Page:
A new chapter in farming career

Succession is more than a television drama - it’s part of real life for many farming families. Hamish Hammond reports on his own family experience.

Hamish Hammond training the next generation George in the ways of the family business.

THIS COMING SEASON MY wife Rach and I are starting as 50:50 sharemilkers on my family farm after six years of contract milking. Getting to this point was not a given because even though this is a family farm, succession is complicated.

Three generations are involved: my grandparents, my father and his siblings, and me and my three siblings.

Everyone has an interest in the future of the business which makes succession a tricky and dynamic process, especially for farms because they are not a ‘regular’ business, they include people’s homes and childhood memories. Here are a few reflections as we begin the next chapter.

Thankfully my parents and grandparents had the foresight to structure the farm business to enable transfer of ownership. They have also built a strong balance sheet that won’t be crippled by the sale of assets from one generation to the next. And, most importantly, they have had the wisdom to talk about the future of the farm with all family members.

Communication and planning has been key to making everything work. For my parents, employing professional advice in the form of a trusted accountant and business succession professional to plan and facilitate discussions amongst family members was a critical part in the process.

These key professionals worked primarily for my parents with the intention to formulate a plan and help implement it, enabling my parents to take one step back and us as the succeeding generation to take one step forward.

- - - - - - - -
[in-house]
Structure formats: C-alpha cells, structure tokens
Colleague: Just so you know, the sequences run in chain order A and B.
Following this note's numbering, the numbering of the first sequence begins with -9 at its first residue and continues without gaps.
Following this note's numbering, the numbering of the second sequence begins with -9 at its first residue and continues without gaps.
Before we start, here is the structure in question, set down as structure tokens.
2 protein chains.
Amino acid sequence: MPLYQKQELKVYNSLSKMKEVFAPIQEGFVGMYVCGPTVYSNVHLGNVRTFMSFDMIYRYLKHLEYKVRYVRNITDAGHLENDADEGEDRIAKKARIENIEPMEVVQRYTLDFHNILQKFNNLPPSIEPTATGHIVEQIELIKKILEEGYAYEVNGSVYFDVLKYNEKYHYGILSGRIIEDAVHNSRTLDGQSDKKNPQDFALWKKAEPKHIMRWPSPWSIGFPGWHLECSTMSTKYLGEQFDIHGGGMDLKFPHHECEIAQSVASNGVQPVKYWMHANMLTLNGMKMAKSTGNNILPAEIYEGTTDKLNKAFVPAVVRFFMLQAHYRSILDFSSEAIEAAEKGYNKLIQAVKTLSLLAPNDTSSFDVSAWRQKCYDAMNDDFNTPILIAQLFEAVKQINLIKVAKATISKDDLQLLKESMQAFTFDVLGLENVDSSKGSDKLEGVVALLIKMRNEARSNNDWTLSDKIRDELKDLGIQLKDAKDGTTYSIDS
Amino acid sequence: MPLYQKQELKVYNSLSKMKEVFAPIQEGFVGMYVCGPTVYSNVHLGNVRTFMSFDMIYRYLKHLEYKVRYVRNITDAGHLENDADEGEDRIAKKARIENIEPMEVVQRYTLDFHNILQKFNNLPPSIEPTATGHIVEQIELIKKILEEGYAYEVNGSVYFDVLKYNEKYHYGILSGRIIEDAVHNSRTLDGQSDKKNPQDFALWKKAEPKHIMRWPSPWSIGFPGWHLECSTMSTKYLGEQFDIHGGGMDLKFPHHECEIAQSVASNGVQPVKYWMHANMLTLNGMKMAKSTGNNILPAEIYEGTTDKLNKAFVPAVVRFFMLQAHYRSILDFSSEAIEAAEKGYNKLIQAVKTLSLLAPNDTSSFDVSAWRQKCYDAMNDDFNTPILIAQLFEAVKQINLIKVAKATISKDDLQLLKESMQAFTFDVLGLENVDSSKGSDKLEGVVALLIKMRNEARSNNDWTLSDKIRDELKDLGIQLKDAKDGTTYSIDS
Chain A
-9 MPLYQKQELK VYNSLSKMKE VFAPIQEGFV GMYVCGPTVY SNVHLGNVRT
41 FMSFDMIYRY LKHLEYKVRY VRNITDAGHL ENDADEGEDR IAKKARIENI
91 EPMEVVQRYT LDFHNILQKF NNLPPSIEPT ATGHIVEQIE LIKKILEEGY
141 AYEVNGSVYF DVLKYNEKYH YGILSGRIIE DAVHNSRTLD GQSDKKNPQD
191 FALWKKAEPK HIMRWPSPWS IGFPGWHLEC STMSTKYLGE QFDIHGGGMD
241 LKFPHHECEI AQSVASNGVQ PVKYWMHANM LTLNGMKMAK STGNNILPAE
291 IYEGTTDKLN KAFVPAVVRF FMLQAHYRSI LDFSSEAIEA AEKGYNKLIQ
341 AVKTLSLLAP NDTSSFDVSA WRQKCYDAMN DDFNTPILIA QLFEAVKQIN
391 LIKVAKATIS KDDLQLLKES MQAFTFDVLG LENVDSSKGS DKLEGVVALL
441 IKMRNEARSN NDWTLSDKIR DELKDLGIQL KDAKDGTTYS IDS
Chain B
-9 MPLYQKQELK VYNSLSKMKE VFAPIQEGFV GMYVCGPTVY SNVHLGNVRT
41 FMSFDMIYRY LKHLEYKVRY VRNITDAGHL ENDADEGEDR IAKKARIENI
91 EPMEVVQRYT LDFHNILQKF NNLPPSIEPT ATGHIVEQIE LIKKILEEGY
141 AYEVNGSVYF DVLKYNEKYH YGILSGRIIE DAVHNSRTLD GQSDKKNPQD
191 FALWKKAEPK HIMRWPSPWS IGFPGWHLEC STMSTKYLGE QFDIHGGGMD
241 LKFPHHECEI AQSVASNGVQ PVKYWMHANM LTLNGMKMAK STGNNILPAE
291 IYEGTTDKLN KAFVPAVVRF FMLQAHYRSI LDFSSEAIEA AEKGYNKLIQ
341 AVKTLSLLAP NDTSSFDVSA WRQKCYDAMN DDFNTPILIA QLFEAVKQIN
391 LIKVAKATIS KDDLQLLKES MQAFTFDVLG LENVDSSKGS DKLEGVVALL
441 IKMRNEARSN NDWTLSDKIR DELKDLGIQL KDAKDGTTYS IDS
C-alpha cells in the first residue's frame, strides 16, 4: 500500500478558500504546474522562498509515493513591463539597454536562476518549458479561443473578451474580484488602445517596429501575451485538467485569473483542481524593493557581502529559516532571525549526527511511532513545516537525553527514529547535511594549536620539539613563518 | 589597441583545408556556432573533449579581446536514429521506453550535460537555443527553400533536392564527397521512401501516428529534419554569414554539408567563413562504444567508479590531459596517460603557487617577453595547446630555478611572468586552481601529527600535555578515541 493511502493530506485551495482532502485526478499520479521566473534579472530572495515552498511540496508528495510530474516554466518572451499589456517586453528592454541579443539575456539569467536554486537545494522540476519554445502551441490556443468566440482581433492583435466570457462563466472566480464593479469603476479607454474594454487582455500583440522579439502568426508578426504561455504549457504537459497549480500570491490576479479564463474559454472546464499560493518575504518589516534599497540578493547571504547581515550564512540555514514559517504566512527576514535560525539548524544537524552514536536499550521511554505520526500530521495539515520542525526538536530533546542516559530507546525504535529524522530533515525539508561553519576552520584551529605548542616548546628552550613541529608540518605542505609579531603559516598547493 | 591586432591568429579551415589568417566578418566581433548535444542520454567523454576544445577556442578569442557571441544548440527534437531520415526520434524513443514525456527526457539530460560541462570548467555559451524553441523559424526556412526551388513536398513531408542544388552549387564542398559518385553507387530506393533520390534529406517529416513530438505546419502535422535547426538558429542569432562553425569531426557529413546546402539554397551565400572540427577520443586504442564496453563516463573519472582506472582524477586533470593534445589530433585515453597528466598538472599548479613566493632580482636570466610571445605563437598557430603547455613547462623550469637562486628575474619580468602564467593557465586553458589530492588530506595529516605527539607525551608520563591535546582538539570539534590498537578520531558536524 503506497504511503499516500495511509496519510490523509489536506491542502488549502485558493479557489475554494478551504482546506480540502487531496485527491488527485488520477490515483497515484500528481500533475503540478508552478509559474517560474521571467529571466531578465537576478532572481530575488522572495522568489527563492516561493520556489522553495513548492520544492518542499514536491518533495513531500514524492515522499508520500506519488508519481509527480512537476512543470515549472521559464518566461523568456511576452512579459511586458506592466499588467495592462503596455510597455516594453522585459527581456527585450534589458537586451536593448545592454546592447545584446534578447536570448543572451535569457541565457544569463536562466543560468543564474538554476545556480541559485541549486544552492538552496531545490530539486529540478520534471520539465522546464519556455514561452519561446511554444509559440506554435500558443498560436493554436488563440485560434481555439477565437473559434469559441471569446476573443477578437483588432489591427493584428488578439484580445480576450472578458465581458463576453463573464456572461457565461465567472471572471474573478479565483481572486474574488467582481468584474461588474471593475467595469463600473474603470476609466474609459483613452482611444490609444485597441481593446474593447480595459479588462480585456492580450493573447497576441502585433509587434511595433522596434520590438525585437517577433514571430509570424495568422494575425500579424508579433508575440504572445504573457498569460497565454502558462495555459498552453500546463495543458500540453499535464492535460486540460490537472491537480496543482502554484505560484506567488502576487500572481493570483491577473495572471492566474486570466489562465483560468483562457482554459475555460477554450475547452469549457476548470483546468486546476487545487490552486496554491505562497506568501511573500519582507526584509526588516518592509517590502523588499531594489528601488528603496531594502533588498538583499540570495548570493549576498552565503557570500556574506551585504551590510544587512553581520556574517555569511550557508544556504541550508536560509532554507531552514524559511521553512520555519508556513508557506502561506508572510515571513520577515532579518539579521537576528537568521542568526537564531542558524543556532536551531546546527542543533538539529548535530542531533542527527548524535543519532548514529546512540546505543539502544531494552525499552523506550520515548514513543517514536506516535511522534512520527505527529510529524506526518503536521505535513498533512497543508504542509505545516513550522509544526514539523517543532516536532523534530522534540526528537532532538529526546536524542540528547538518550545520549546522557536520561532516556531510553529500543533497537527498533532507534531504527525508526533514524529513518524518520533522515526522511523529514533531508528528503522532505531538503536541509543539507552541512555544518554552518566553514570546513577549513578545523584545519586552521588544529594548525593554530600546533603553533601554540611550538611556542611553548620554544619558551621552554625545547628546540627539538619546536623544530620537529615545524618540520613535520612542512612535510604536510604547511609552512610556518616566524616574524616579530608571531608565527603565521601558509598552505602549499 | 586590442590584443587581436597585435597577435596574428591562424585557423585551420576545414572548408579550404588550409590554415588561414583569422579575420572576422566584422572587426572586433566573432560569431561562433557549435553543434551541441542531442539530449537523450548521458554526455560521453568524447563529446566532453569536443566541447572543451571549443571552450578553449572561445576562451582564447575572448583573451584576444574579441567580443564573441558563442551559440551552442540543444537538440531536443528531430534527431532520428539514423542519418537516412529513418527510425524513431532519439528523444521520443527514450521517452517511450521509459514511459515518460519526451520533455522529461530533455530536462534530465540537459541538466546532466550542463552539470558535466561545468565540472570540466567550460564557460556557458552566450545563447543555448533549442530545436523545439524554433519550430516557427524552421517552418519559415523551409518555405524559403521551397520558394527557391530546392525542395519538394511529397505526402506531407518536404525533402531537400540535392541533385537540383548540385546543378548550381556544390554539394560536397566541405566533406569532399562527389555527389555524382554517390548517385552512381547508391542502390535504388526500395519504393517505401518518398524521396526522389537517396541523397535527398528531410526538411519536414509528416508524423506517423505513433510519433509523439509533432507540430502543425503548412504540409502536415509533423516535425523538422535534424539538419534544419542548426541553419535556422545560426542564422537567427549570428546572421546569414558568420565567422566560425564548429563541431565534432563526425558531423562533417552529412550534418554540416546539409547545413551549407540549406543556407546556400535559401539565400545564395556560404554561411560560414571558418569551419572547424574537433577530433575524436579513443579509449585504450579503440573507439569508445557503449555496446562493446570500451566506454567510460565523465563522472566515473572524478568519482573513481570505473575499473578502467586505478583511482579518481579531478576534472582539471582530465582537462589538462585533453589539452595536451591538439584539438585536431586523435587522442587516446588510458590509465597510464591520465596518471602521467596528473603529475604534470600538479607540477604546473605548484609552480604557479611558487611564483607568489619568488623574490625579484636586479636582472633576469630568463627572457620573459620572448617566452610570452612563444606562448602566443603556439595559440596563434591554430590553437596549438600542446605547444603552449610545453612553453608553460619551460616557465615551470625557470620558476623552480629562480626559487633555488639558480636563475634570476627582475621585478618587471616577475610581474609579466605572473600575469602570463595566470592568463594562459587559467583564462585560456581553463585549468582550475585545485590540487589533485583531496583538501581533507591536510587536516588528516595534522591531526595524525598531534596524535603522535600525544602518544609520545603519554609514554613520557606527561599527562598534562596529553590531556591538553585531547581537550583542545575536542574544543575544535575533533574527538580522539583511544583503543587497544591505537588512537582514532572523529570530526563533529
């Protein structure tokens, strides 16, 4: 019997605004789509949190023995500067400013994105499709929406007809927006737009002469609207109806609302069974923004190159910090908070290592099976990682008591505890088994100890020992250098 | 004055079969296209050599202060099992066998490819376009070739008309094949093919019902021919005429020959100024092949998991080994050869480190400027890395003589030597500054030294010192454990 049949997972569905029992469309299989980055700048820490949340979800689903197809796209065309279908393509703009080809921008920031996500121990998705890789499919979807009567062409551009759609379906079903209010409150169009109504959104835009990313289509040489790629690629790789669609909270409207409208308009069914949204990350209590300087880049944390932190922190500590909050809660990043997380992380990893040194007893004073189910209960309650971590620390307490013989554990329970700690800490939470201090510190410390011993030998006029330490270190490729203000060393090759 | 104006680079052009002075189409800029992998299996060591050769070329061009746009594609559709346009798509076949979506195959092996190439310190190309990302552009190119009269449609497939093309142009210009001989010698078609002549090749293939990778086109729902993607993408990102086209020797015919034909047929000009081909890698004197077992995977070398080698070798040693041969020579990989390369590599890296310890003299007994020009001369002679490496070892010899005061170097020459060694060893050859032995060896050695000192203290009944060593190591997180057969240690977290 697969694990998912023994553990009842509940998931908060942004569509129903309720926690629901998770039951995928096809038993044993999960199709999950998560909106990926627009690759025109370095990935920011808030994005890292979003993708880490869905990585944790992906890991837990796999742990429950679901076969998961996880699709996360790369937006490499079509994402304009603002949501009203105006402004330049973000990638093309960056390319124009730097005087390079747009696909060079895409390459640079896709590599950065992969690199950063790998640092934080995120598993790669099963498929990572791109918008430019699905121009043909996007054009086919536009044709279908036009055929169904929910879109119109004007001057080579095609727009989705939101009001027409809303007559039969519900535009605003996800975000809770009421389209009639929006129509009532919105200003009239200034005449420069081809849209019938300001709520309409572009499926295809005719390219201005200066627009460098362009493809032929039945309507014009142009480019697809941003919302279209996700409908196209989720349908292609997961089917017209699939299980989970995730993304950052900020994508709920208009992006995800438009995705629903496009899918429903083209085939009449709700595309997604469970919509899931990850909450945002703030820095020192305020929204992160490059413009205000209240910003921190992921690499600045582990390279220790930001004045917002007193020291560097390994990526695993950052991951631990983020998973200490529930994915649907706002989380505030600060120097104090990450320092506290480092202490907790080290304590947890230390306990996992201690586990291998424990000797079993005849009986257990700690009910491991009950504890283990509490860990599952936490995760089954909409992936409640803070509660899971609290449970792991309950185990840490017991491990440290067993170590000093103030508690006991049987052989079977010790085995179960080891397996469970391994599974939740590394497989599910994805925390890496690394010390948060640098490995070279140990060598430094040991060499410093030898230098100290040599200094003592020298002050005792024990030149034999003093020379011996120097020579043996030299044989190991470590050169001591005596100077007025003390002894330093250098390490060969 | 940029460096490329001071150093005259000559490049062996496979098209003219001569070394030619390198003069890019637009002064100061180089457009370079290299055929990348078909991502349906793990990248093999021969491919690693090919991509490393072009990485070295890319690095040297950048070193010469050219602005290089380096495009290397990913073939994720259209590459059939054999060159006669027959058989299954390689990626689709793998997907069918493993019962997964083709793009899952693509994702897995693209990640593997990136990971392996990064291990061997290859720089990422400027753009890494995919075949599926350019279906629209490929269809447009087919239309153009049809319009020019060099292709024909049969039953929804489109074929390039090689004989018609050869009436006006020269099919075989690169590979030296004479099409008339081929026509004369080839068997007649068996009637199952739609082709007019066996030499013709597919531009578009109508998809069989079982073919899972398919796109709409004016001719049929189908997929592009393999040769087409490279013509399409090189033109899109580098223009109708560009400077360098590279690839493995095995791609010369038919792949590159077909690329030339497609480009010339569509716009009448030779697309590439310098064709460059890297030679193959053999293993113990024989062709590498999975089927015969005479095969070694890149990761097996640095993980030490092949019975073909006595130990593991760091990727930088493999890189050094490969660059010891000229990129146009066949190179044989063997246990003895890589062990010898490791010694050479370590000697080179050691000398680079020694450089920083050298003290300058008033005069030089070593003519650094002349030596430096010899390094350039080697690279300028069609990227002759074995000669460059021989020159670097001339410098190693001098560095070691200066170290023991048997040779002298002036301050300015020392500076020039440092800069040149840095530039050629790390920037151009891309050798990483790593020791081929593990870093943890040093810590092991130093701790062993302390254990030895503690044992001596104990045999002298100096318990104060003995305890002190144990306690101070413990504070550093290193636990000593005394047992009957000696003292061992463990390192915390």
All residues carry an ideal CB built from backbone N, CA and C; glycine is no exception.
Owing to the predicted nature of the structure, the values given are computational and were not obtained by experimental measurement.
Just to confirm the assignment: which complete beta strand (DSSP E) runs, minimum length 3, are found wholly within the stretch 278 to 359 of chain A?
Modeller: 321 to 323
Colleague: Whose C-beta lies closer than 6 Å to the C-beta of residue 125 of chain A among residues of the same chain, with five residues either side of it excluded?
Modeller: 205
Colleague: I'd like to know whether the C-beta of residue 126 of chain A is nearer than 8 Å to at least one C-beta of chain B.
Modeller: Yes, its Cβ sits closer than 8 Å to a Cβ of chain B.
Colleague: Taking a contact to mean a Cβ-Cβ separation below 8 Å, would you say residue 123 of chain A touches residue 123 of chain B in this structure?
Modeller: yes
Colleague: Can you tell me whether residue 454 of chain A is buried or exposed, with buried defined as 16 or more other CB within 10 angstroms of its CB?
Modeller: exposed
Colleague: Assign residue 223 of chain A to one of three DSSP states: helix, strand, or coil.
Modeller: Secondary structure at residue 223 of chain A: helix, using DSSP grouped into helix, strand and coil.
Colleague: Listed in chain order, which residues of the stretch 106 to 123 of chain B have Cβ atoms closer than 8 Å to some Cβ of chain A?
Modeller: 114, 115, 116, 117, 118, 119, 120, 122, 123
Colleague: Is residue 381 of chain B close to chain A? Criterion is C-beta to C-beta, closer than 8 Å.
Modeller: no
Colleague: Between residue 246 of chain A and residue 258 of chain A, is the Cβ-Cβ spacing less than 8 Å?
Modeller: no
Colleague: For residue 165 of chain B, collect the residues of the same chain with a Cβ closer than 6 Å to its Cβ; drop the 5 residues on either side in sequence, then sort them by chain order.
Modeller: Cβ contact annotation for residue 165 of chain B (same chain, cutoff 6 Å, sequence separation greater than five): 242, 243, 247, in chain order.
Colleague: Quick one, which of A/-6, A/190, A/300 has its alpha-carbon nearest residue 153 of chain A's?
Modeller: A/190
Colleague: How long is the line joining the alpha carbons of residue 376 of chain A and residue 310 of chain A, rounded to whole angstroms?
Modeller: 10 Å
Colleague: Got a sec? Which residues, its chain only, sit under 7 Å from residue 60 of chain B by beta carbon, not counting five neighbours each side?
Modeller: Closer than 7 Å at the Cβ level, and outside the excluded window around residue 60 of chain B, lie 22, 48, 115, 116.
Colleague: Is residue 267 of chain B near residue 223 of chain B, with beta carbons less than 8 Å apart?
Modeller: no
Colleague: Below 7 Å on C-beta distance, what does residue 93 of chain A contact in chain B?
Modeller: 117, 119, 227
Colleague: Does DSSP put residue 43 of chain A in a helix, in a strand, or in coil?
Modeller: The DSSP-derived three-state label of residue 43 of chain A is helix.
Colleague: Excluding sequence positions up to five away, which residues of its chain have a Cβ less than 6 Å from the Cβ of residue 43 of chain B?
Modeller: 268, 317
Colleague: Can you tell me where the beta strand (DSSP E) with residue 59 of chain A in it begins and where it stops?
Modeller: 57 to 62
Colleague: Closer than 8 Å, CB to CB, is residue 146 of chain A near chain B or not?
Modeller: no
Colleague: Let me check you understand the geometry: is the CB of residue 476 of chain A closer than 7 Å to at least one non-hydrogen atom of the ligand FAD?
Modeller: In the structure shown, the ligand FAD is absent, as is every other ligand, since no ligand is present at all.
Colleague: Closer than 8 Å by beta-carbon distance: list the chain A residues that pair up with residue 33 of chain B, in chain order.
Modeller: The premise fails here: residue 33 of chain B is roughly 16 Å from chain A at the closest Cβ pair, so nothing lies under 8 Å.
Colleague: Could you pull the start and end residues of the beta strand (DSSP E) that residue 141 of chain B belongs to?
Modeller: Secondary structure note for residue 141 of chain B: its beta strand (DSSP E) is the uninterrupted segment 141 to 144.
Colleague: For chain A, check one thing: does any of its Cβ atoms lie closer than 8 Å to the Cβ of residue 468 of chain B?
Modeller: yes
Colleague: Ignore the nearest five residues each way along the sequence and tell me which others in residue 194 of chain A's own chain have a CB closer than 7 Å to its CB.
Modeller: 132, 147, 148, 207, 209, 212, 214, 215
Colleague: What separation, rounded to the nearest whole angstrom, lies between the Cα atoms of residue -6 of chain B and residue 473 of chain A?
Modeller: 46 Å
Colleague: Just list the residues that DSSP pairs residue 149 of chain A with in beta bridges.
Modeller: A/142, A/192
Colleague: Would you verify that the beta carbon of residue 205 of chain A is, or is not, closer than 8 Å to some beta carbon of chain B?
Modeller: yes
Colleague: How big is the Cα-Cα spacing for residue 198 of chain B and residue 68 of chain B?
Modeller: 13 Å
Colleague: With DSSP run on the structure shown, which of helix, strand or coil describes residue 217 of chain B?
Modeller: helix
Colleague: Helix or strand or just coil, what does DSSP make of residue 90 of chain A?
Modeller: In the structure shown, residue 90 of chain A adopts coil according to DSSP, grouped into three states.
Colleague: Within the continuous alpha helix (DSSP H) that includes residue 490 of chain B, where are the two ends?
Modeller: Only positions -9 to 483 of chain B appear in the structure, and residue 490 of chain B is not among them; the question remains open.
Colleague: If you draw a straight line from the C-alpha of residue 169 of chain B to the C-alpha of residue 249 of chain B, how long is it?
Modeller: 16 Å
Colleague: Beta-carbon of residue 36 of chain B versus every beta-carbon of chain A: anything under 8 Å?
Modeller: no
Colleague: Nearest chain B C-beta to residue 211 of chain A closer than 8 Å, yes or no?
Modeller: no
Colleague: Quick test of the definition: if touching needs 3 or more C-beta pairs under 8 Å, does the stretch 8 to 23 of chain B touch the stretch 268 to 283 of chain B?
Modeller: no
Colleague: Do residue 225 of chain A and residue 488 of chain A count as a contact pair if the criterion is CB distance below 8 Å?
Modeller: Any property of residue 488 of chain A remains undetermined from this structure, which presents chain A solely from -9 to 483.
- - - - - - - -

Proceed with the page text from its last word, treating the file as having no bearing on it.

Knowing your numbers in and outside the farm office is a must. Thankfully after six years of contract milking we are familiar with the farm system and the financial performance it can deliver year-on-year.

We were able to use this understanding for budgeting the 50:50 operation and it has given us the confidence that if we deliver onfarm, financial returns are attainable.

Furthermore, on the back of a good relationship with my parents we were able to use their historical financial actuals for building a budget that is realistic.

Working through this budget with my parents and their advisers helped to enlighten us on what we should expect financially, particularly in the expenses category.

Over the last six years our family farming team has tweaked a successful business into a more resilient model. We have shifted to full-season once-a-day milking, and focused on breeding high-performing cows suited to this regime.

We focus on growing the best pasture we can and have shifted the emphasis away from expensive supplements. We aren’t the lowest-cost system but strive to be frugal as well as spending good money on infrastructure, animal health and staff.

We implement the KISS approach instead of adding complexity where possible. All of these policies form the basis of a strategy aligned between my parents and us running the farm. This is important as we are both committed to the same farming strategy and therefore, we are more likely to achieve our goals onfarm and with our succession plan.

All the best for the new season.